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A masterful novel of psychological horror
on 20 January 2003
With Nightshade, John Saul gets back to what he does best, giving birth to a story almost as chilling and compelling as his premier masterpiece Suffer the Children. Forget biomedical experimentation, genetic manipulation, and all of the other external forces that often lie behind Saul's plots; this book marks a return to good old-fashioned madness and horror. Of course, we start with the perfect all-American family-Joan Moore Hapgood, her son Matt, and husband Bill who has always thought of his step-son as his own true son. Suddenly, Joan's grim, bitter, nasty, Alzheimer's-afflicted mother almost burns her own house down and comes to live with the Hapgoods. Emily Moore is obsessed with her daughter Cynthia, the perfect child whom she refuses to believe is never coming back home to her. Immediately, Matt's nights are filled with the horrible nightmares he had not experienced since leaving Emily's home as a child to move to the home of his new step-father. Watching his mother-in-law tearing his happy family apart, Bill simply leaves his wife and son to the misery of Emily's company. A series of tragedies unfolds, affecting not only the family but the entire close-knit community. Matt changes into a haunted young man, seeing suspicion and dislike pointed toward him from everyone he has ever cared about. Misery turns to the ultimate tragedy, and the reader is left to ponder just who is responsible. Is it Matt, who looks guilty in the eyes of everyone else? Is it his aunt Cynthia, whose presence comes to permeate the house and exert an unhealthy influence on Matt's life in spite of the fact that she is long-dead? Or could it be someone or something else?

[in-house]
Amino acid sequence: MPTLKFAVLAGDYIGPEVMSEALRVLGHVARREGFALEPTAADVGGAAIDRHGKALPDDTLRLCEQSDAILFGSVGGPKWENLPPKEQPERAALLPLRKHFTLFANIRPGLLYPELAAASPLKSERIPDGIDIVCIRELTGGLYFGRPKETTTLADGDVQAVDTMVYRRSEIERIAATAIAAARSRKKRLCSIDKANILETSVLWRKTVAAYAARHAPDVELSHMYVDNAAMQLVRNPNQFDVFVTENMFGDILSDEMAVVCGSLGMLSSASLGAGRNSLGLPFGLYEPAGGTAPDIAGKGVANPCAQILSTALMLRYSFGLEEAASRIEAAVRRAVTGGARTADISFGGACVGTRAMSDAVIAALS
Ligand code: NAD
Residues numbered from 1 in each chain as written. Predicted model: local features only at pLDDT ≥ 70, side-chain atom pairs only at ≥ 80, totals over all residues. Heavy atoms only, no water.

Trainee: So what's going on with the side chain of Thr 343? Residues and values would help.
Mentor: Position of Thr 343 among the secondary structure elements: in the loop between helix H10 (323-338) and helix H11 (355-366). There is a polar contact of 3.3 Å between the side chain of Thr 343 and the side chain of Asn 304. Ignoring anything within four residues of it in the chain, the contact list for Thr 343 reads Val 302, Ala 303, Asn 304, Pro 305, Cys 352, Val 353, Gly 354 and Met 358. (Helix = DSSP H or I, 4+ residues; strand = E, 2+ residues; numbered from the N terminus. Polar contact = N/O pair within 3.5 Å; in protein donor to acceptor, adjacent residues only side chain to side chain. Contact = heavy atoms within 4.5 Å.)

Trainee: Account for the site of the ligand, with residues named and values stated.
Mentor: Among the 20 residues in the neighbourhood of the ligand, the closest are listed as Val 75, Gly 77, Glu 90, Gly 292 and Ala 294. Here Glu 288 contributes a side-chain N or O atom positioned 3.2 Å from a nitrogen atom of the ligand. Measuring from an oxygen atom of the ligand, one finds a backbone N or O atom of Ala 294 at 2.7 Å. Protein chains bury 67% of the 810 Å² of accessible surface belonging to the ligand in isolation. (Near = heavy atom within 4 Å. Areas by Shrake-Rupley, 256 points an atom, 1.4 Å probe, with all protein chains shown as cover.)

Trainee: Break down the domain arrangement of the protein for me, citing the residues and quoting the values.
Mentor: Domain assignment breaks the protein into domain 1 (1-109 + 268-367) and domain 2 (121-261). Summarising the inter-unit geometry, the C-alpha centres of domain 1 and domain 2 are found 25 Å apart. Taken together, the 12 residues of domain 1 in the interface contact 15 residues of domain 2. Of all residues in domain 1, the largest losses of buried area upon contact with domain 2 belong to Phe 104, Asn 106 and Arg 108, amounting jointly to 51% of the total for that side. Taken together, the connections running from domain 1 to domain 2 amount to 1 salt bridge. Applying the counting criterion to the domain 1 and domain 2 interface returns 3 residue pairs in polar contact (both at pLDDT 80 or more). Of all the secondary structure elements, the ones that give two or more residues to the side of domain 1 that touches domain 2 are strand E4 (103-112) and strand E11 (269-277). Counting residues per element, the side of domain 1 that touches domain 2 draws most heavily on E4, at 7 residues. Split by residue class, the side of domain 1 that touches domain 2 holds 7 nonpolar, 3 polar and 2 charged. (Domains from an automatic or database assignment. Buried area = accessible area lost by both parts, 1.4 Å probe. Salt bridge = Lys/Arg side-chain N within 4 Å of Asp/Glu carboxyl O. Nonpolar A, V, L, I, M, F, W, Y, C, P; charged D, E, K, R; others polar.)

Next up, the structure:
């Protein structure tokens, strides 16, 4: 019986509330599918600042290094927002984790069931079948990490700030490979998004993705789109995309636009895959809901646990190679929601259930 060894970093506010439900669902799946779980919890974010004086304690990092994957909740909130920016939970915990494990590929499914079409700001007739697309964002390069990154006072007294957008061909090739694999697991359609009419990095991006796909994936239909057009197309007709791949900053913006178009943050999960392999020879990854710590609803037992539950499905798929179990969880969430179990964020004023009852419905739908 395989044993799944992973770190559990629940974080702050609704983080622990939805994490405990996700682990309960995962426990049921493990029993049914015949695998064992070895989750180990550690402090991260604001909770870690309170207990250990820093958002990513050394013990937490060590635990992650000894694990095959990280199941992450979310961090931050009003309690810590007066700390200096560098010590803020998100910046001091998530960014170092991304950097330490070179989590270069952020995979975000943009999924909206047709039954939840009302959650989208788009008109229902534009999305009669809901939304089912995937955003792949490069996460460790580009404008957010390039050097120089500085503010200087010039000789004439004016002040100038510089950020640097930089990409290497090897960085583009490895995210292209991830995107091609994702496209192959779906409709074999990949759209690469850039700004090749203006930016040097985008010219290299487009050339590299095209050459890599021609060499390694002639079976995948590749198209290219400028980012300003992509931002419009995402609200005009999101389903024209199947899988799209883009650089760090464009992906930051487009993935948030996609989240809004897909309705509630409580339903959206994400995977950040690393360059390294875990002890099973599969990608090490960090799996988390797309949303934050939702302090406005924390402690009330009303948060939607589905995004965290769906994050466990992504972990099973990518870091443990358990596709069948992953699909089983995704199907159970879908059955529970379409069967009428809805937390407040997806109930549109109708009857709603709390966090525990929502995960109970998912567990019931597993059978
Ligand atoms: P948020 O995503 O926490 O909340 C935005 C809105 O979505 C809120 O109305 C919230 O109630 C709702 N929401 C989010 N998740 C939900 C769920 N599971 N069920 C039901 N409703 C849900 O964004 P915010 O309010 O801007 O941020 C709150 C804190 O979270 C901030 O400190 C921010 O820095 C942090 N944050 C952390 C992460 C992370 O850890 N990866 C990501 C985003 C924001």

Saul hits a home run with this novel. Whatever suspicions the reader entertains, the truth is never truly known in spite of its foreshadowing, not until the ultimate conclusion. As the plot progresses, Saul slowly but surely increases the tension, drawing the reader further and further into this fascinating story. One is never really sure what to think about the action as it unfolds. Even when the true source of the horror is revealed a couple of chapters before the end, the heightened sense of expectation and worry for the characters so well-presented and seemingly real continues unabated. To some degree this is a ghost story, but it is better described as psychological horror. Madness makes for a much more compelling villain than outside entities, and that is why Nightshade stands as one of John Saul's most compelling novels. Filled with insanity, ghostly impressions, terror, murder, a bit of blood and gore, and a surprise or two at the end, Nightshade reveals the true talent that resides in the mind of an author too little appreciated by the horror community.